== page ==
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As you might guess from the photo, the history starts in 1575 when the Bols family started making flavor infused liquor with cardamom, orange and cumin. In 1664, the family started producing Genever, a kind of distilled spirit made of “long fermented rye, wheat, and corn”. By 1700, Bols became a major shareholder in the Dutch East India trading company, giving them access to so many spices from around the world, and leading to the development of more than 300 unique flavors, as well as untold post-colonial damage to the cultures that originally grew those spices. It’s still weird to me how proud the Dutch are of their role in that part of history…

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In the 1800’s they got really good at making a totally unique version of Genever with a proprietary distilling technique and the addition of a secret recipe of botanicals – mostly juniper berry, but also anise, ginger, hops and angelica (an herb described as “earthy, herbal, and reminiscent of wormwood, so no I don’t know what that tastes like either). Later that century they began to also age the Genever in oak barrels. During the Anglo-Dutch wars, British soldiers would drink Genever before battle to steady their nerves and it became known as “Dutch Courage”. When the war was over, they missed the beverage and English Gin was born. Although the original Bols recipe was discontinued for a while, it was resurrected in 2008, so you can still taste it today.

The next room was filled with a display of tiny delft pottery houses. The Dutch Royal Airline (KLM) gives out these collectible and limited edition bottles to their first class passengers since the early 1950s.

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Once the history and art lessons were past, the museum took a decidedly sensory turn. Instructions on the wall as well as in the audio file told me to enter one of the small experience rooms and to keep my flask at hand. It was time to use the little bottle of liquid I’d received at the beginning of the tour. I couldn’t help but feeling a bit like Alice holding a “drink me” bottle, but I figured if it wasn’t safe, then it wouldn’t be legal either. Once in the room I was given a countdown and told to consume the whole bottle’s contents (it was a large swallow, nothing crazy) when the counter reached zero. With trepidation and a leap of faith, I did as instructed and was rocked to my core with a whole body multi-sensory experience.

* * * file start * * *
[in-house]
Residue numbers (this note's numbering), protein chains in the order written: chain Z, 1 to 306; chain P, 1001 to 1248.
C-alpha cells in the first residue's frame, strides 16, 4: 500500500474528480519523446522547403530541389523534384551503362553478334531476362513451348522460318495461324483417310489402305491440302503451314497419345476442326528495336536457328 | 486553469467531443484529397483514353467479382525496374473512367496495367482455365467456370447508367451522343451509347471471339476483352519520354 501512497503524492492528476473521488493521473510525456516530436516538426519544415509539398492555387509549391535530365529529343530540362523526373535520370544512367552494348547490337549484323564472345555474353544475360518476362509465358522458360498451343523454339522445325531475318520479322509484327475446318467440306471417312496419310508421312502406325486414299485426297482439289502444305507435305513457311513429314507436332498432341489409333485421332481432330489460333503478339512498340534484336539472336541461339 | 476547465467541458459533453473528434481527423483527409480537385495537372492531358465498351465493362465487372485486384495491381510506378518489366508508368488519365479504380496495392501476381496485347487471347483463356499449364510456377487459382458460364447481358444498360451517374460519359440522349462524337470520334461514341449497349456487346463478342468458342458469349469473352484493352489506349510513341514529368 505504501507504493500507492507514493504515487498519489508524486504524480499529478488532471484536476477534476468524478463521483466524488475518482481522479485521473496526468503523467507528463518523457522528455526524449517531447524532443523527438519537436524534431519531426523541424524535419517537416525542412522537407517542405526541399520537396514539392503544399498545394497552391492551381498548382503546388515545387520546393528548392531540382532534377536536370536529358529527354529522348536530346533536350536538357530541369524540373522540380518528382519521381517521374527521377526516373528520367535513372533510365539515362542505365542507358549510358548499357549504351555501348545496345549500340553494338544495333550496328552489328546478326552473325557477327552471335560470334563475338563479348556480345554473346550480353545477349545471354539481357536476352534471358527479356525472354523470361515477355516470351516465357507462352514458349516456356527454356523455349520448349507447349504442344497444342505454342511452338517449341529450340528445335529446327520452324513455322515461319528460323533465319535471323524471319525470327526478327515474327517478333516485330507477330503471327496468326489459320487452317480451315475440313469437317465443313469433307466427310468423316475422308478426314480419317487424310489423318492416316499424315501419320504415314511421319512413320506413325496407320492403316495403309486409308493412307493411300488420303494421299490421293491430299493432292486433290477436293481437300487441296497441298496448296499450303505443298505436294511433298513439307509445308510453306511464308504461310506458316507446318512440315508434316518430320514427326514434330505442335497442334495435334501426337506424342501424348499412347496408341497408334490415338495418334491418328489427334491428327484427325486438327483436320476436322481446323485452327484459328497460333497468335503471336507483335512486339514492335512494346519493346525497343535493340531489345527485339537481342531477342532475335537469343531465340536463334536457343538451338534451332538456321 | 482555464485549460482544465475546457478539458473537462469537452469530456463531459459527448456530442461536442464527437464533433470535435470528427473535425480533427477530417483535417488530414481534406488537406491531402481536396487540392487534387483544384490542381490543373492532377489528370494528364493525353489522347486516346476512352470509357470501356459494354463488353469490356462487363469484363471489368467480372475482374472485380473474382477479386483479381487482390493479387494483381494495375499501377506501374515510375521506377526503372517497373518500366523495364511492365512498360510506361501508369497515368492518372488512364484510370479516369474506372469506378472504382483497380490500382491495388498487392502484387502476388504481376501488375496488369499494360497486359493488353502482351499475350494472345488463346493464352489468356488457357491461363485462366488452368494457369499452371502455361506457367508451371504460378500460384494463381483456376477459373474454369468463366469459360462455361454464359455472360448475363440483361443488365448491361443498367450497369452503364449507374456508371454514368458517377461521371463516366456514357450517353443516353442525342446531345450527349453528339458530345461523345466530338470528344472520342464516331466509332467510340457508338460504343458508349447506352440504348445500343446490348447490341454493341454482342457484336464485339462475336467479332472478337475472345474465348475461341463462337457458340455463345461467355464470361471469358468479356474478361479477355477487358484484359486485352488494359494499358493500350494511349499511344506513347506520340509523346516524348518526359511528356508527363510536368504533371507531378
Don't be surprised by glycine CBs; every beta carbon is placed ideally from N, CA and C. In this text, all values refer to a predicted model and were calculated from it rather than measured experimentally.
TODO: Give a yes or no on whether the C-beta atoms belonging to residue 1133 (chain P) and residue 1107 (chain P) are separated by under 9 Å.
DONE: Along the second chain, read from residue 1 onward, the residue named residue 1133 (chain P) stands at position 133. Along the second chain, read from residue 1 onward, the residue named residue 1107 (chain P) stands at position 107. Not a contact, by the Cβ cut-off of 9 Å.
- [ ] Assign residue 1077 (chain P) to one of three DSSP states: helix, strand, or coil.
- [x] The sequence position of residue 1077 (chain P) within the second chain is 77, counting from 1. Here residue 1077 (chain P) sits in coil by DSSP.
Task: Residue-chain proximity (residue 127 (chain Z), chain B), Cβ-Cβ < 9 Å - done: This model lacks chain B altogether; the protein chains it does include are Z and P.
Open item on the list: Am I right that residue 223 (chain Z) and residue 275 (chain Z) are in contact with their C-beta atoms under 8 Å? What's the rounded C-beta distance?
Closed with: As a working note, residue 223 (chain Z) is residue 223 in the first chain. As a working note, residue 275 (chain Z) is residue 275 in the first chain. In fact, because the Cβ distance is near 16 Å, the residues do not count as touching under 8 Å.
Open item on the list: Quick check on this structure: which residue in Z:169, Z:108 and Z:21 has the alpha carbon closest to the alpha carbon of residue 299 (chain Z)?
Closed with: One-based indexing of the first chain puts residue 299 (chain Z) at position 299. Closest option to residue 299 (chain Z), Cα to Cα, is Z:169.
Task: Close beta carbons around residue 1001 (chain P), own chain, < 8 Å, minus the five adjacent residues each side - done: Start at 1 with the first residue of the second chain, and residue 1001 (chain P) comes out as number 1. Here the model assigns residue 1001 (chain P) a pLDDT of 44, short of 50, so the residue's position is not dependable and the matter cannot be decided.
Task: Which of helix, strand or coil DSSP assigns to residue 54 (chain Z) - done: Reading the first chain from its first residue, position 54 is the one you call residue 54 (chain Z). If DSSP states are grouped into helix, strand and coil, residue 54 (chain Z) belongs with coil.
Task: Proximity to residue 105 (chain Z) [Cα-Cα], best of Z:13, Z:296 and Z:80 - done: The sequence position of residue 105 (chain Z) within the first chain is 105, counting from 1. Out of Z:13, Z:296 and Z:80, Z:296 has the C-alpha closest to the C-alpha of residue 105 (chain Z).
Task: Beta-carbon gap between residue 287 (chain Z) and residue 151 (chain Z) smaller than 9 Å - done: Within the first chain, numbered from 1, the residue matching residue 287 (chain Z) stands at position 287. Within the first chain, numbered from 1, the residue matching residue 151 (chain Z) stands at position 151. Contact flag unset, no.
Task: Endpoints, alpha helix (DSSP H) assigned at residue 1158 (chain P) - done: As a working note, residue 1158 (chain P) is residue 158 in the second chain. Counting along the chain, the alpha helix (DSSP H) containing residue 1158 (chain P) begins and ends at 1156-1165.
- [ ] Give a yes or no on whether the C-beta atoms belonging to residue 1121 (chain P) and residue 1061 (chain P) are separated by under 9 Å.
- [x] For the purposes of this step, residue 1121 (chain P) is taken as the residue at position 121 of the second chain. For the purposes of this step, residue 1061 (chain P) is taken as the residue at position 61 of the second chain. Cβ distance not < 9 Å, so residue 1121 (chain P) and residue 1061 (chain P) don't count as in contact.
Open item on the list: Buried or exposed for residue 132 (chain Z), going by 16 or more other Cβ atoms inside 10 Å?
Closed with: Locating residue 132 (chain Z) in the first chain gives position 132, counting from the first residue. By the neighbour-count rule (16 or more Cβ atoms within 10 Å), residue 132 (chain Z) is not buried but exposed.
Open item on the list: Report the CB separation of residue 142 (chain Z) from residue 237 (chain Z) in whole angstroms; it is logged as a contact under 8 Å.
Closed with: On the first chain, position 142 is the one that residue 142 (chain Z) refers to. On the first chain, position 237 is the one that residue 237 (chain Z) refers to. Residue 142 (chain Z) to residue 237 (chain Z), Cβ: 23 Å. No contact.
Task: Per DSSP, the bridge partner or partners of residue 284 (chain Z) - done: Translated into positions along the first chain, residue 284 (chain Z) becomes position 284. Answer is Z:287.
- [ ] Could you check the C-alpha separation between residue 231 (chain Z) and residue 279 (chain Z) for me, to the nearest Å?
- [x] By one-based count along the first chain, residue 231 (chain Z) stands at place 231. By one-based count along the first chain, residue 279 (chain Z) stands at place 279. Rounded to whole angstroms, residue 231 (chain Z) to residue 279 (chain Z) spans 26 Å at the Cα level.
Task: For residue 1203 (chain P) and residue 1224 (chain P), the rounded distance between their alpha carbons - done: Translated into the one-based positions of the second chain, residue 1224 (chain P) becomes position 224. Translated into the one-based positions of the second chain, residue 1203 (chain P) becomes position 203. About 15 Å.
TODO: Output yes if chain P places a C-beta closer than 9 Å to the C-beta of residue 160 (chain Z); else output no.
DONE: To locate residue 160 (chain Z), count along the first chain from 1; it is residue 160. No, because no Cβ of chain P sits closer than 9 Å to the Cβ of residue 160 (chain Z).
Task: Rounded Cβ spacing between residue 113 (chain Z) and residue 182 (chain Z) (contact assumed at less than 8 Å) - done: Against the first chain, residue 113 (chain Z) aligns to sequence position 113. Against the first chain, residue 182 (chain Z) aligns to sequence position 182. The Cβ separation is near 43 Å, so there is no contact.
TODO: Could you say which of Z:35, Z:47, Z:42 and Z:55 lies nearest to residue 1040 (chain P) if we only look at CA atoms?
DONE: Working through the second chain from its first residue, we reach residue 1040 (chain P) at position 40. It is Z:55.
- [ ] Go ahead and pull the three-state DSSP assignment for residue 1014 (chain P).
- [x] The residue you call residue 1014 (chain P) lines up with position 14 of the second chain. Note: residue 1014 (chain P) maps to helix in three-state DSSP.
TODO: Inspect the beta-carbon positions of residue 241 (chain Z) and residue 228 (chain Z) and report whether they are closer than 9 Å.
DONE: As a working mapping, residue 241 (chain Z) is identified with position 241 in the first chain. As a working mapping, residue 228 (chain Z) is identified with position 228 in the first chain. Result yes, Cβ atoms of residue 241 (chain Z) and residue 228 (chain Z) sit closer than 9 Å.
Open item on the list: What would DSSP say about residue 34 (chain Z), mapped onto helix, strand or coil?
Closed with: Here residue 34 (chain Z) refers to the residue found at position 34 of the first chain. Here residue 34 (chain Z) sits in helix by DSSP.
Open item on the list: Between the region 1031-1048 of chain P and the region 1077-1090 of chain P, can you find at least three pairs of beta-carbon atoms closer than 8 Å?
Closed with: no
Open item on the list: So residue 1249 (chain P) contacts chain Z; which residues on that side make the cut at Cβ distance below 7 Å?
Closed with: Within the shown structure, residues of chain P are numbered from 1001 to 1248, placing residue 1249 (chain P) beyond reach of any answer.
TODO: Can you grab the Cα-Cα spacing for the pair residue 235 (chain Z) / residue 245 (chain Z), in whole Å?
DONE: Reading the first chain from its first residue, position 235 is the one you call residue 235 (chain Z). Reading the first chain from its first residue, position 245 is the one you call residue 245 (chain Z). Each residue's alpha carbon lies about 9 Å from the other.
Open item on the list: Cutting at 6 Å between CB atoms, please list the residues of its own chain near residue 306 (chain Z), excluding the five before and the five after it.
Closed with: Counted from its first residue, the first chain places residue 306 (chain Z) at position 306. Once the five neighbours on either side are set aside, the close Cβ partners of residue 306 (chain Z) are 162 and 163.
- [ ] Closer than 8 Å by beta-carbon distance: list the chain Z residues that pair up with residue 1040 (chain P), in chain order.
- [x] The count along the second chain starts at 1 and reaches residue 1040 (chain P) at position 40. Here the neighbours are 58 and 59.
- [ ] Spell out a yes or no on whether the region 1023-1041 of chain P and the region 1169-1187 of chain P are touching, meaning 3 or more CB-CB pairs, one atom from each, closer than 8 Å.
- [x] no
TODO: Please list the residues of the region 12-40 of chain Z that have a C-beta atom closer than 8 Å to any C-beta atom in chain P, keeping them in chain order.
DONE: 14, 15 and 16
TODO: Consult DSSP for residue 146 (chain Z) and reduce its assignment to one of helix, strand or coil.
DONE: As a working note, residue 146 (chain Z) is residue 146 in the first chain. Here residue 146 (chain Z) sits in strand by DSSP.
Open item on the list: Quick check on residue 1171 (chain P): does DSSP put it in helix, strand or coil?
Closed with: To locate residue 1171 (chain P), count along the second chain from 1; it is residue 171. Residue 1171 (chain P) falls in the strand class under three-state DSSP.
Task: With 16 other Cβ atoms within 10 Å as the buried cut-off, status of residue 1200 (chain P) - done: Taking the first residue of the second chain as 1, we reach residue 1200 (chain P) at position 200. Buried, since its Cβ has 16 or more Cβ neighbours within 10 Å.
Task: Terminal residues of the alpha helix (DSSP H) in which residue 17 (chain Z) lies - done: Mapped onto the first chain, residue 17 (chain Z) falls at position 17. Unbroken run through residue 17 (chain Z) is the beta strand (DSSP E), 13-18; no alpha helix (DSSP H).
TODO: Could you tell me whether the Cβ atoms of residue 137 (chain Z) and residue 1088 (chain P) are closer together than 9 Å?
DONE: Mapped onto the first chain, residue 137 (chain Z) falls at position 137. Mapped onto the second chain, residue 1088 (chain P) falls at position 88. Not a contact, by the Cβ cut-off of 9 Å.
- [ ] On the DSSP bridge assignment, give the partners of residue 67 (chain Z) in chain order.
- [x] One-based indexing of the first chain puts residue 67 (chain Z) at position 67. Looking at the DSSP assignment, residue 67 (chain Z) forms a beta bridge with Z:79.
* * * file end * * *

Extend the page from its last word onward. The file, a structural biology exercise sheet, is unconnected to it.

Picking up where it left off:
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As soon as the timer hit zero, the experience began. I slugged my liquid and the whole room erupted in sound, light and vibration. The vial was not alcohol, but pure flavor. It started berry fruity, went on a trip through spicy, and finished with citrus and mint. As I was tasting these intense flavors, my eyes were treated to a series of colors, my ears were regaled with changing sounds, and my body tingled from the vibrations of the floor coming up through the soles of my feet. It was like someone just flipped the ON switch for all my senses at once.

And lest the sense of smell feel neglected (though that liquid was so strong, I’m pretty sure it came up my sinuses anyway), the next room on the tour was a rainbow smelling room. The Bols Distillery was starting to seem less like a museum and more like an alcoholic version of the Wonka factory! More than 30 smells were ranged on the wall, and by squeezing the bulb, a puff of scented air would come forth. The bottles were labeled by number, and the name of each flavor was revealed if you lifted the number. It was fun to play sniff and seek, trying to guess each one of the Bols flavors as I went, and it also gave me a good idea of which ones I liked the best, so I could choose my cocktail later on.

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The final display room got into more details about the ways in which infused liquor is made. I’ve actually had the chance to play with making my own infusions with fruit, spices, and vodka, so I knew a little, but it was a very thorough display. There were jars of spices and fruit peels on display, as well as a mad scientists laboratory worth of glass jars, copper pipes, and mysterious floating things.